Another experience that articulates history and architecture is the production A Bunda de Simone (Simone’s ass: Teatro Base, BA). Called the Barroquinha Cultural Space, the theater has the shape of a corridor and is located in a very old church tower. The theme of the play, which deals with sexual freedom, women’s freedom, the rediscovery of the body without sin, not sacrilegious, confronts the symbology of the building itself. The actors act naked, bathed in water of the stage set, which is a rectangle with a floor covered by a canvas, and above, ridges formed by hydraulic piping that form vertical and horizontal streaks (a map). Small registers can be triggered and water comes down from all the pipes, like rain. “You have to wash the body,” a recurring phrase in the show, alluding to baptism, but a new, liberating one. The architecture’s condition as a place of reverence – given its historical characteristics – is thus challenged. There is no passivity in the face of cartography.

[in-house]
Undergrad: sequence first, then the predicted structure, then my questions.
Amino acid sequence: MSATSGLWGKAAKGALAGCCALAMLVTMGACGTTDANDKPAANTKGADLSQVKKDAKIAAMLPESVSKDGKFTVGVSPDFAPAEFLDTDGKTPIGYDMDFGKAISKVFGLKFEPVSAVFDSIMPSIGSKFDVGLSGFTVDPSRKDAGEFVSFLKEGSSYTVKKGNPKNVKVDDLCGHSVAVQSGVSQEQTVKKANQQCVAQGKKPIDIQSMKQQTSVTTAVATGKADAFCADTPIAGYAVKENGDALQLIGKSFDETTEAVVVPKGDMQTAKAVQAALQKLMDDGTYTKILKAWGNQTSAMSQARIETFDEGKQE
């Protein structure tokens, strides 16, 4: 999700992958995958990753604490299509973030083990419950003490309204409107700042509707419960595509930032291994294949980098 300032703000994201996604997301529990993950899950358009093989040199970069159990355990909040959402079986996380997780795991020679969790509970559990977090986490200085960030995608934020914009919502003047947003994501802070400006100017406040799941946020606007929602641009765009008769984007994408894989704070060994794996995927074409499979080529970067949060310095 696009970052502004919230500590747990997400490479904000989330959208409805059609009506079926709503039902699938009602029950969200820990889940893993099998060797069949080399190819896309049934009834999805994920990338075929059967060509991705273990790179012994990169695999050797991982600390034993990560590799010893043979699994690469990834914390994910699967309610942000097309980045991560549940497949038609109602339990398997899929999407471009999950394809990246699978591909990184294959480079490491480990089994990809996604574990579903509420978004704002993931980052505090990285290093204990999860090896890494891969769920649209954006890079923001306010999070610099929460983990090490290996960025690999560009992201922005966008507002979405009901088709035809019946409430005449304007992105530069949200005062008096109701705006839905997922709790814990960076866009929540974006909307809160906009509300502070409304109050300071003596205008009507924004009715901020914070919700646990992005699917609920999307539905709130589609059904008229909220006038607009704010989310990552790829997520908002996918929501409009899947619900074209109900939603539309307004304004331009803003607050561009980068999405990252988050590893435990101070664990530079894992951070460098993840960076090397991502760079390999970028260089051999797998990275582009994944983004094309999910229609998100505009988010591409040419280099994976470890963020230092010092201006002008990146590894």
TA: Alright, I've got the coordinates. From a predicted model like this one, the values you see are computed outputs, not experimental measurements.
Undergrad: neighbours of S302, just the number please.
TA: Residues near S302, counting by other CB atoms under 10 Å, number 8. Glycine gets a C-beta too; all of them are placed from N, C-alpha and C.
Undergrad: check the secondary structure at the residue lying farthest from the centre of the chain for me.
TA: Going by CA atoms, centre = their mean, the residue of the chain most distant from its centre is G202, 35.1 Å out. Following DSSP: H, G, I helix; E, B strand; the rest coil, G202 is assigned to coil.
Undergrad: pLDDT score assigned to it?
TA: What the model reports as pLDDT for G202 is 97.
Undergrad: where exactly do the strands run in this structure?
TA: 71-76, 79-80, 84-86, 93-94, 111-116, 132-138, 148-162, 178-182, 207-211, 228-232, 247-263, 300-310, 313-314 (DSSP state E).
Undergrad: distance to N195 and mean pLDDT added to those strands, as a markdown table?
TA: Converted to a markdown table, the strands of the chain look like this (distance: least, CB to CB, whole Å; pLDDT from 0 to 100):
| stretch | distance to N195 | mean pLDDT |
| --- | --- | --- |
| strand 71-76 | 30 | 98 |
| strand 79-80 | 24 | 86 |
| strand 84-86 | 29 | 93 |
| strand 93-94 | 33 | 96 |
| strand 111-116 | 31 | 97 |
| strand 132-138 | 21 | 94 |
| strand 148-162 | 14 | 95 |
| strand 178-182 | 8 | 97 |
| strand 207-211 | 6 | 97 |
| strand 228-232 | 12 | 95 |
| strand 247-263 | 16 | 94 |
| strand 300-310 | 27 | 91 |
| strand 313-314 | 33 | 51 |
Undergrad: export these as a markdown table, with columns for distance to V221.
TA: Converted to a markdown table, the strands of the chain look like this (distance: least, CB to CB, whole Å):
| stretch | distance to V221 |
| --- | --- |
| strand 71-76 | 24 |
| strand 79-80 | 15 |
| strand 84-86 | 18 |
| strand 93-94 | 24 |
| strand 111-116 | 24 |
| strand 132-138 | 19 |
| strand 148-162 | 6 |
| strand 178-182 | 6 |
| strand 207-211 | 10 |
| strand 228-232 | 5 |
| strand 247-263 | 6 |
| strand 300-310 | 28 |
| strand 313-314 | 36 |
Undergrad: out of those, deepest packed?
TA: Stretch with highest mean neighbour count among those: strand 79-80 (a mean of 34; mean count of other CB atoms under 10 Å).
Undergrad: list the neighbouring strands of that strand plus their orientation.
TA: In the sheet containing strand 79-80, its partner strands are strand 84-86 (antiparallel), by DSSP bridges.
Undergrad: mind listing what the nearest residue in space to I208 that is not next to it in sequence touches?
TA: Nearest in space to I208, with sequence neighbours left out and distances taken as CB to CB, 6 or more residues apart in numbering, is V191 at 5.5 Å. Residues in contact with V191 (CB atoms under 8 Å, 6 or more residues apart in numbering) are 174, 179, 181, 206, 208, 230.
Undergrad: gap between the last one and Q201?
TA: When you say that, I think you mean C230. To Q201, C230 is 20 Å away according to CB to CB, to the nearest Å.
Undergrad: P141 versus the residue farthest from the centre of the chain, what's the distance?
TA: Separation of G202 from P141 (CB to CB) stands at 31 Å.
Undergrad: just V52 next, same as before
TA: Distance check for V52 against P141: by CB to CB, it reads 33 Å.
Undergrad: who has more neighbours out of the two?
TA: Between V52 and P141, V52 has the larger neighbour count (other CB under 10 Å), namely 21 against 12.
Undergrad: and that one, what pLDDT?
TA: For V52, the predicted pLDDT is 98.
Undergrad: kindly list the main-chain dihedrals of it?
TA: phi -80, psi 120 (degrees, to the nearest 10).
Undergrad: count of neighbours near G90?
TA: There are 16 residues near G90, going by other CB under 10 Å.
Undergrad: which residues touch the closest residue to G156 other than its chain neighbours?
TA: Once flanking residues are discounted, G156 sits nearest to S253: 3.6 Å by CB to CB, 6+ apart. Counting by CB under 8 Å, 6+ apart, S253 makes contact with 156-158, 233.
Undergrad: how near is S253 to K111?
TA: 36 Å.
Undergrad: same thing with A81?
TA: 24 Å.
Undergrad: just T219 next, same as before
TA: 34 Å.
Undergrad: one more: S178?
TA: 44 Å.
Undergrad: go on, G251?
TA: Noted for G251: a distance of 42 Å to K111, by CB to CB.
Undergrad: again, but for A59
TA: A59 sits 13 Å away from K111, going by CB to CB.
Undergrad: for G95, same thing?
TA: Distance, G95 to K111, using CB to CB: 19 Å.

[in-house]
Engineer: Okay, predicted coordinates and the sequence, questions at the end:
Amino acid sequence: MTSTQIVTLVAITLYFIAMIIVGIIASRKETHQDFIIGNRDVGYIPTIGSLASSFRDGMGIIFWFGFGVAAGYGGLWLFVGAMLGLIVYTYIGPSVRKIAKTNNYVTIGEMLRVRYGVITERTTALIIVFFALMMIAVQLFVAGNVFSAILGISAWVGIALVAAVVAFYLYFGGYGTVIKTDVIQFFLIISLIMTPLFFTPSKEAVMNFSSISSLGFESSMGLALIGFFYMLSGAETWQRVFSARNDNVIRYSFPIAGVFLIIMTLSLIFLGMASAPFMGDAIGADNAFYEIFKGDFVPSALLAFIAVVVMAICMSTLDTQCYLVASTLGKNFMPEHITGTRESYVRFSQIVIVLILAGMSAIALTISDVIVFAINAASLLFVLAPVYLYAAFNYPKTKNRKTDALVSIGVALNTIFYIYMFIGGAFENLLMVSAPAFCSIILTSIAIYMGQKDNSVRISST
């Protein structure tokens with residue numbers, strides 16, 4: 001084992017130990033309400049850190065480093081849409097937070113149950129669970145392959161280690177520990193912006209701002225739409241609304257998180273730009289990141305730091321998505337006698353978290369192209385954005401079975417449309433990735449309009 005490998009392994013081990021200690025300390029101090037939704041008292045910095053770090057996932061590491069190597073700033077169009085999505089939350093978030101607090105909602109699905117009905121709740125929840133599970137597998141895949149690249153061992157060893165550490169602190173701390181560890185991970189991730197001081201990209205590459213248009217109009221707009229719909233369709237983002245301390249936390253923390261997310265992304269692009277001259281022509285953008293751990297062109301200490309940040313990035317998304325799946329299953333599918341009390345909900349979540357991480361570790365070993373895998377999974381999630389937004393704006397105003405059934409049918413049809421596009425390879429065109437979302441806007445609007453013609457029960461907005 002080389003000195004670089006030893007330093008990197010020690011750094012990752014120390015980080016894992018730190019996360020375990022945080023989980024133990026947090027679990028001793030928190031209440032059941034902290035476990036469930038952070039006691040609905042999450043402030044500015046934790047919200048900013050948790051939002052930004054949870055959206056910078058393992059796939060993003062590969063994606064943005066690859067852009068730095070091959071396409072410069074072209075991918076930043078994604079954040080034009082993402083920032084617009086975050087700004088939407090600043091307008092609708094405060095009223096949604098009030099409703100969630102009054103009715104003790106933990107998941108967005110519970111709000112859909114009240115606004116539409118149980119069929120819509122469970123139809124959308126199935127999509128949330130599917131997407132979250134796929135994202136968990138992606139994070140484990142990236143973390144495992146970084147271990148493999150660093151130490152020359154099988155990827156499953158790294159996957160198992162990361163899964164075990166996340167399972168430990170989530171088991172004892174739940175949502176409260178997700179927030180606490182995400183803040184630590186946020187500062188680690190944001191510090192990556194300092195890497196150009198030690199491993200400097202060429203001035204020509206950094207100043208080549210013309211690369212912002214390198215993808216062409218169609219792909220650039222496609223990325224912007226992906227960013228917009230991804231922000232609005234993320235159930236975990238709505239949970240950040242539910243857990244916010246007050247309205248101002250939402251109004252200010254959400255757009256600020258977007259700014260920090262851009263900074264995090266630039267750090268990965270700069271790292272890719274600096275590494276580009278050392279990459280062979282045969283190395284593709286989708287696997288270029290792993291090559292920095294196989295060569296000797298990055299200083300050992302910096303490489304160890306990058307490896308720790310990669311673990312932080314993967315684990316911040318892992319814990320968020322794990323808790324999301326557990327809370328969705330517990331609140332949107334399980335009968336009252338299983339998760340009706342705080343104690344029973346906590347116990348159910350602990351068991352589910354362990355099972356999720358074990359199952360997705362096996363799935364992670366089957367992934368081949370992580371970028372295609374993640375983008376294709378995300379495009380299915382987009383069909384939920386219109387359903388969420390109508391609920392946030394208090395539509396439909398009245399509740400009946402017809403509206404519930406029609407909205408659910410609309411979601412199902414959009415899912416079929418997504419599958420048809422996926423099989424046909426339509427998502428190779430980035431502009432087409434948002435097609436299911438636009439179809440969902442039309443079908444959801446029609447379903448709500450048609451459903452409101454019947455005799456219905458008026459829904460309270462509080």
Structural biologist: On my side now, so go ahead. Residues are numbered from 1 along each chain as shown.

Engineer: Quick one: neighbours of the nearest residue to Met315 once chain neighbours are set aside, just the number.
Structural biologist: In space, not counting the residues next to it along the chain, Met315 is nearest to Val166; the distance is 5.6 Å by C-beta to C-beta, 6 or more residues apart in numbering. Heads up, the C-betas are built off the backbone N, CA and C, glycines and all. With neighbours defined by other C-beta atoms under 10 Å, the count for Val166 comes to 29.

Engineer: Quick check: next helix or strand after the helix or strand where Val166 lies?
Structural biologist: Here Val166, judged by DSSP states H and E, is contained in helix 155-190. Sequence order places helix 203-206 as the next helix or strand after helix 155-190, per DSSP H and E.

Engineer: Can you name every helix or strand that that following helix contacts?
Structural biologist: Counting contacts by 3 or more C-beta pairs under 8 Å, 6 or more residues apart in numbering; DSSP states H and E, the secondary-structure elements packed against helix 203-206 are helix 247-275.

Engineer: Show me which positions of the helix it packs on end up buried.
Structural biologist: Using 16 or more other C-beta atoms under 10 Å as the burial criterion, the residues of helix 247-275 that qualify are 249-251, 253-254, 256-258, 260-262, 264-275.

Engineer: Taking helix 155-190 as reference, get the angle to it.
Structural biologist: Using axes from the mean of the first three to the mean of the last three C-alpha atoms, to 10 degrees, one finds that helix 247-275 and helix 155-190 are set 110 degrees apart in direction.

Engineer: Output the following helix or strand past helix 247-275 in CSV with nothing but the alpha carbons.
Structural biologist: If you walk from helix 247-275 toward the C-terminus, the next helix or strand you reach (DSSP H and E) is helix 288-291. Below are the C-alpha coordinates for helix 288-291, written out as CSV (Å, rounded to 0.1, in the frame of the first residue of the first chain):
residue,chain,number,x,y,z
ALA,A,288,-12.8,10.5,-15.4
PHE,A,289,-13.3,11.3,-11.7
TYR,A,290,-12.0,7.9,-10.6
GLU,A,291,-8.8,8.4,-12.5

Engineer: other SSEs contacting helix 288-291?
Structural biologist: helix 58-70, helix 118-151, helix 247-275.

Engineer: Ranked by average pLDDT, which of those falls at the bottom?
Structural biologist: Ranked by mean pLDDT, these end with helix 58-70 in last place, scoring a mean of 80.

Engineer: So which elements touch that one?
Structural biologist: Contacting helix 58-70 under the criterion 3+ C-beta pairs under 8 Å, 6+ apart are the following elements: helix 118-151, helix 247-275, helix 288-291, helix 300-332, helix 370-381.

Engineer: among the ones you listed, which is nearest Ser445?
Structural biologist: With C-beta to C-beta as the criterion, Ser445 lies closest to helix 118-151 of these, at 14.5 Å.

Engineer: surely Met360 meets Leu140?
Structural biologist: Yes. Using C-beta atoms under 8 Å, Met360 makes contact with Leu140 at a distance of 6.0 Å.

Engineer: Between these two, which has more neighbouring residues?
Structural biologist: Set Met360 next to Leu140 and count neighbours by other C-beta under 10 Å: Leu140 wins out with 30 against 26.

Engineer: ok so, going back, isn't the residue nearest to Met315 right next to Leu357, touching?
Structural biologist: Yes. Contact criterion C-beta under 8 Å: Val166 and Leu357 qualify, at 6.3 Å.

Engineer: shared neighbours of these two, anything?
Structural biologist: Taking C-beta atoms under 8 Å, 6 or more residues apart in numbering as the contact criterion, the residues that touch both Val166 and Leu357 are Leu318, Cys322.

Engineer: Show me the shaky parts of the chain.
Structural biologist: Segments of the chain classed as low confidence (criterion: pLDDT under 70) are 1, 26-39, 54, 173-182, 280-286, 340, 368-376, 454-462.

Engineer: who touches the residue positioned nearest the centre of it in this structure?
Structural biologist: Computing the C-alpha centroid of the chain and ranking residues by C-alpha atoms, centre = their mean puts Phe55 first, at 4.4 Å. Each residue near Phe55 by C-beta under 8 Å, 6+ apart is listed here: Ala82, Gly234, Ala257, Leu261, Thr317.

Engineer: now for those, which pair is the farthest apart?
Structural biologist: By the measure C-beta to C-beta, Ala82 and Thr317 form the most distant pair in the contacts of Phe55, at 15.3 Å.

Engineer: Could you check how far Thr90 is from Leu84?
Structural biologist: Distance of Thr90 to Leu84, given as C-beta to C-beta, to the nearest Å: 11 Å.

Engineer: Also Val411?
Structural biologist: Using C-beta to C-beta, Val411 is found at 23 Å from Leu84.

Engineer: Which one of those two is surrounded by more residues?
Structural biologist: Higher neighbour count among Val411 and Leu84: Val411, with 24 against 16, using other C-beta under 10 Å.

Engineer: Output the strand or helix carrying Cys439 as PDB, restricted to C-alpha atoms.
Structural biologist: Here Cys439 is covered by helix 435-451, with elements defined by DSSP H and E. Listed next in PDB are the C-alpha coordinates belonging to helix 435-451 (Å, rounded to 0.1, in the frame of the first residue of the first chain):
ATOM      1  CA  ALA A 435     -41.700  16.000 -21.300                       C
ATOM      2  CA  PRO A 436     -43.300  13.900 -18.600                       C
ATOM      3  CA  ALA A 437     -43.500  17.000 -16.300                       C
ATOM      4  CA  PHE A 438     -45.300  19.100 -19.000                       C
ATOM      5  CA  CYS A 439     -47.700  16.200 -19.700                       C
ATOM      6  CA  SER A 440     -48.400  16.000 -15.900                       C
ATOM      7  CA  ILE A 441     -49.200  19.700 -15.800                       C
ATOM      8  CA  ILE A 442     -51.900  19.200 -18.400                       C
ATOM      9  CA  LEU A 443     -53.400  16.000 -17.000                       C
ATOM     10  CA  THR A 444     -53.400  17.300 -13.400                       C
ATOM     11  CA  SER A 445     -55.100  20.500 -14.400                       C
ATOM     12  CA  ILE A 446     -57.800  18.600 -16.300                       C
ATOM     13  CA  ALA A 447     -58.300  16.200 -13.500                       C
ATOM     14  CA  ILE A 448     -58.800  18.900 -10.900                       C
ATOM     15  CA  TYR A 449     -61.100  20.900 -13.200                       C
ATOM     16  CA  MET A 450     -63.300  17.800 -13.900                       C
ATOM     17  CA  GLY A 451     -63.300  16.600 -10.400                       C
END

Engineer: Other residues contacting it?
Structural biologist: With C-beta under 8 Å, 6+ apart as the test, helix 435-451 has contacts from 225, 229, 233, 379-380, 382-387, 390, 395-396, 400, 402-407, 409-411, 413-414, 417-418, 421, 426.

From the trip to the past of colonial captaincy to mapping the current neihborhood of Politeama, in central Salvador and in apparent decay, Ruína de Anjos (Ruins of Angels: A outra cia. de teatro, Bahia) brings to the neighborhood streets characters we call “cartographic” characters that would be recognized in the streets of any neighborhood with the same characteristics. There is the pastor who preaches in public spaces, a traffic signal juggler, an old homeless lady with her cart, unrecognizable under the piles of rags, the informal street vendor in a wheelchair selling coffee and the young man who likes to fight and has a hidden relationship with a transvestite. At night, walking through the streets, the scenario takes place in the live time of the characters, leaving the company’s headquarters and returning to the same place an hour later. The play presents a stronger notion of mapping, determining a kind of floor plan in which the characters dialogue with the spaces that would be those of their daily life experiences. The transvestite dreams of marriage by choosing a short, shiny wedding in the window of a street gallery shop, but later takes a beating from her boyfriend at the church door. The juggler says he has been cheated by a businessman who promised him a job at the door of a company known for promoting cultural projects. In a flashback, the wheelchair-bound boy reveals that his dream was to be a football player, but one day playing ball in traffic signal intervals, he took a stray bullet. Geographic mapping occurs together, therefore, with human mapping. The streets and the people that transit in them are not separable.